The influx of hundreds of thousands of new immigrants from Russia and Ethiopia into Israel in recent years poses many challenges for the country’s absorptive capacity, not the least of which is linguistic.
For example, providing health services entails communicating with patients who often speak neither Hebrew nor English.
The Health Ministry has now opened an experimental simultaneous medical translation service that will link doctors, nurses, social workers and patients who speak Russian and Amharic, as well as Arabic-speakers, The Jerusalem Post reported.
The pilot program, which will operate 24 hours a day except Shabbos and mo’adim, will start off at the Wolfson Medical Center in Holon, Western Galil Hospital in Nahariya and Barzilai Medical Center in Ashkelon, along with some units of Kupat Holim Meuhedet.
Hospital personnel will act as intermediaries who will dial the right translator to help overcome the language barrier while treating a patient. The translators have undergone special training for the work with medical translation experts. They will be equipped with medical dictionaries in their native tongue to facilitate translation of technical terms.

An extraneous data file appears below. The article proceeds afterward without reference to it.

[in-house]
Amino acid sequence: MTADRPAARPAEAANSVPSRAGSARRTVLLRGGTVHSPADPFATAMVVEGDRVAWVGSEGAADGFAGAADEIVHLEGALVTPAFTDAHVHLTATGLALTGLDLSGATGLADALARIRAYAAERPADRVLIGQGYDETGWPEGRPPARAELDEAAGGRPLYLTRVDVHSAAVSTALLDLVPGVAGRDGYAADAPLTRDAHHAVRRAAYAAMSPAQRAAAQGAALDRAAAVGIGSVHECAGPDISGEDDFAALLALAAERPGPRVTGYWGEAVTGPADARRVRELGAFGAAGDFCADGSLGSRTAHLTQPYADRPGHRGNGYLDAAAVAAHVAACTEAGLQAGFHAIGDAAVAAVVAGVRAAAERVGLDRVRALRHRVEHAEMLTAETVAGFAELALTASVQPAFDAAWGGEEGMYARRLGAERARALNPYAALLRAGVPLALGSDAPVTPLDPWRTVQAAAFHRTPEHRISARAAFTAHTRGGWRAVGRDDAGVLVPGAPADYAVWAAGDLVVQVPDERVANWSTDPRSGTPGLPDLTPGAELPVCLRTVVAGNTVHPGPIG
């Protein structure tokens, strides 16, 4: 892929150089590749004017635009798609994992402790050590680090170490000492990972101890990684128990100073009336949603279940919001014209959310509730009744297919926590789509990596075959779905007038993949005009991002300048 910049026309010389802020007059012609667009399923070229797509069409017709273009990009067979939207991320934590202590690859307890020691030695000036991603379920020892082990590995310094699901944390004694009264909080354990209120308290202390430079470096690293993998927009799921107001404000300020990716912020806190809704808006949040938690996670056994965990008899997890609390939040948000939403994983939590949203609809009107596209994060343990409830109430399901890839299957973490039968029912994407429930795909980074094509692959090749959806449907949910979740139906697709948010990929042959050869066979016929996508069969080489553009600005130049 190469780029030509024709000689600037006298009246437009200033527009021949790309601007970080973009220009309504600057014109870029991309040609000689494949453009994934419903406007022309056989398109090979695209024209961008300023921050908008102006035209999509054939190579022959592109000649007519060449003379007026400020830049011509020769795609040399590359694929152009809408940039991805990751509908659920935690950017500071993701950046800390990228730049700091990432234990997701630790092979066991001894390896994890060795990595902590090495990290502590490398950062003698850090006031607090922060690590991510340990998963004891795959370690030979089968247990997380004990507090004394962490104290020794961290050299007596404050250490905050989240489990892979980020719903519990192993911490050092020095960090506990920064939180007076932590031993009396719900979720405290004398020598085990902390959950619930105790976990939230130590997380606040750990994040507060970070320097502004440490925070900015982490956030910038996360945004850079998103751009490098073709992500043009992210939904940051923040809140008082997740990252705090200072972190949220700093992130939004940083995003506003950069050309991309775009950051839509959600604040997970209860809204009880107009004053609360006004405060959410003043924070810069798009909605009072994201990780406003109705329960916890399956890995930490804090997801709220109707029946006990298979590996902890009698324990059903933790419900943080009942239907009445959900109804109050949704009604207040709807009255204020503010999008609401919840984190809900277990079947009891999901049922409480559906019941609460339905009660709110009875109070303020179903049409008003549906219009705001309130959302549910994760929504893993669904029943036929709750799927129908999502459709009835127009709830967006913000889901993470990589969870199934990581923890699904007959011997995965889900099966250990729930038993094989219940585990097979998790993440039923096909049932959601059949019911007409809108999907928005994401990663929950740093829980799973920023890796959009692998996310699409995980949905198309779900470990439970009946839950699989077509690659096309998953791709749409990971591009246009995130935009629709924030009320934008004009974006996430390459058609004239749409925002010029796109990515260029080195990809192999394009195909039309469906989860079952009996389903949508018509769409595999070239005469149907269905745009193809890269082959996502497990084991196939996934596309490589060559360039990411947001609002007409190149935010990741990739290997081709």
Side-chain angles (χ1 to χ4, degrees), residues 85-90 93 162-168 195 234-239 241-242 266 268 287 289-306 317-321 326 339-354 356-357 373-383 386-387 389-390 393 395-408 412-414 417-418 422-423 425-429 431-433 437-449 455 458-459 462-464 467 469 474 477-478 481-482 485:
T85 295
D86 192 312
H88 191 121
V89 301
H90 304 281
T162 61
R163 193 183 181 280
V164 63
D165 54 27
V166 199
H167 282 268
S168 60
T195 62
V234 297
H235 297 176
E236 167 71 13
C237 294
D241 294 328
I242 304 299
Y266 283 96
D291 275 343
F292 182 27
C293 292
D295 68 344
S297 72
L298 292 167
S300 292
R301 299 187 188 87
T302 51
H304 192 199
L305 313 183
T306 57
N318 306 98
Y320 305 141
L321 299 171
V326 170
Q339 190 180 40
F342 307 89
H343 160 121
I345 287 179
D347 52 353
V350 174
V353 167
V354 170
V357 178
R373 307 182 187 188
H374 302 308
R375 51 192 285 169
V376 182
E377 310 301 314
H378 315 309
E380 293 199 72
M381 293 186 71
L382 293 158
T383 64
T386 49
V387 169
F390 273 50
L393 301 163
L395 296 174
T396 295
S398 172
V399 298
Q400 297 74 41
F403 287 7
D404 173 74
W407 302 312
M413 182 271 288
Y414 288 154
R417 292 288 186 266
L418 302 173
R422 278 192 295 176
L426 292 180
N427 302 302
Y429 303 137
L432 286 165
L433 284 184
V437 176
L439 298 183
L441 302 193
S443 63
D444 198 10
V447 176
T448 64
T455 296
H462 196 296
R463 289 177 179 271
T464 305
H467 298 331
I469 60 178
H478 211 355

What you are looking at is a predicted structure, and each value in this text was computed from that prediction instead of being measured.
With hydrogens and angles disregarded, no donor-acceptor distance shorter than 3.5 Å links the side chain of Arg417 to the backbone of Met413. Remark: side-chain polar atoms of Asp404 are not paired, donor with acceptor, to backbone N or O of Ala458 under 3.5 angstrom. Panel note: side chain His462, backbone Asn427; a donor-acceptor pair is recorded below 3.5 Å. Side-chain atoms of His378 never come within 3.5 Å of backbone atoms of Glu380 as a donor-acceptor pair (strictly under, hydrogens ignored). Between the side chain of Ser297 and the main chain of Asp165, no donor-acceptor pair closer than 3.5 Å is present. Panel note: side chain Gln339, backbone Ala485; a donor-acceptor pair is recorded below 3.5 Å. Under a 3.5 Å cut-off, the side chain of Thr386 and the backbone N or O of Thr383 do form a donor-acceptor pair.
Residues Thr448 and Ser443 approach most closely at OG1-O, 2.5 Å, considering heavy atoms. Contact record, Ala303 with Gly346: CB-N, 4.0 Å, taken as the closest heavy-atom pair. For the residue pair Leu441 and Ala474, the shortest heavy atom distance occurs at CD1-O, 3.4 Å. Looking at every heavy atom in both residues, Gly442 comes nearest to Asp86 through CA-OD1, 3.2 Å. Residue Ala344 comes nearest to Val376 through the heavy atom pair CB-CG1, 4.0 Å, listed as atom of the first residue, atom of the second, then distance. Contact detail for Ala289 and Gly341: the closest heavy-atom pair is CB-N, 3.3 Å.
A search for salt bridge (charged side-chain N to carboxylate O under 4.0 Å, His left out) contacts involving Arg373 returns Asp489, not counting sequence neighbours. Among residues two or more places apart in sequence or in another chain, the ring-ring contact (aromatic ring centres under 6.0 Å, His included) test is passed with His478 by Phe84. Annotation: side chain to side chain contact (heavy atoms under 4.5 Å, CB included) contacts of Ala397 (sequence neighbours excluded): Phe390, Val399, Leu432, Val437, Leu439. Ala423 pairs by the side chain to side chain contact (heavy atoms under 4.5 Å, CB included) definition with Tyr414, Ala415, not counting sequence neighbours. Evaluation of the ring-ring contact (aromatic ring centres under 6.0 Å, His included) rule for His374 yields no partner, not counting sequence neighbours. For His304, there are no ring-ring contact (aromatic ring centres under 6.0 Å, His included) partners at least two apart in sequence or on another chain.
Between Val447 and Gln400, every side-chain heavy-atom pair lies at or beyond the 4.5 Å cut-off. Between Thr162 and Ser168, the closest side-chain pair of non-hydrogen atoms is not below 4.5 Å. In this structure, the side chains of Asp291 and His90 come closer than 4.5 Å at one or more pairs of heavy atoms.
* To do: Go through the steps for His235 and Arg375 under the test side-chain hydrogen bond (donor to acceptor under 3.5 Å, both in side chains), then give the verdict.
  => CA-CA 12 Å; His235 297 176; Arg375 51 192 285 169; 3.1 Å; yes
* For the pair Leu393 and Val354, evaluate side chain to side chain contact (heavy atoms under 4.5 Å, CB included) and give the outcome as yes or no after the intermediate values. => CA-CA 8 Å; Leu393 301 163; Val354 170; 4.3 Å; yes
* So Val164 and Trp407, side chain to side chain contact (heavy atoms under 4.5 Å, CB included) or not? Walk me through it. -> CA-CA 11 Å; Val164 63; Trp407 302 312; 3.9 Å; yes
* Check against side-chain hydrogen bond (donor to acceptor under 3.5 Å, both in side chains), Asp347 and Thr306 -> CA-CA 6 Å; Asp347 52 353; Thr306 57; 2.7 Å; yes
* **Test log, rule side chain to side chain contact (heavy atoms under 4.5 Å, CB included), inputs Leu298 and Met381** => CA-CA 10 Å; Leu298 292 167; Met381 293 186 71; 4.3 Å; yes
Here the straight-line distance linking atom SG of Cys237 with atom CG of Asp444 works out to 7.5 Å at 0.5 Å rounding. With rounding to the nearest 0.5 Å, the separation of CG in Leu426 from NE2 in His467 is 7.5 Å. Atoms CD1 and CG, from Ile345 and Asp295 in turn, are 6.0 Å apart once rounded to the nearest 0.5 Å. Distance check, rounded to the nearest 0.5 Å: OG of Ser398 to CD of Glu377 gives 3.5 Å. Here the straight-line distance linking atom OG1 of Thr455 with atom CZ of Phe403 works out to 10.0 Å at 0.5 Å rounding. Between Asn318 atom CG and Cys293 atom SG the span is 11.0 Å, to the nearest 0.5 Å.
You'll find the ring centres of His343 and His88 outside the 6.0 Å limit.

According to data furnished in 2011 by Israel’s Central Bureau of Statistics, 17 percent of those who do not speak fluent Hebrew have difficulty receiving medical services. Among people age 65 and older, the rate of difficulty due to language barriers reached 23 percent.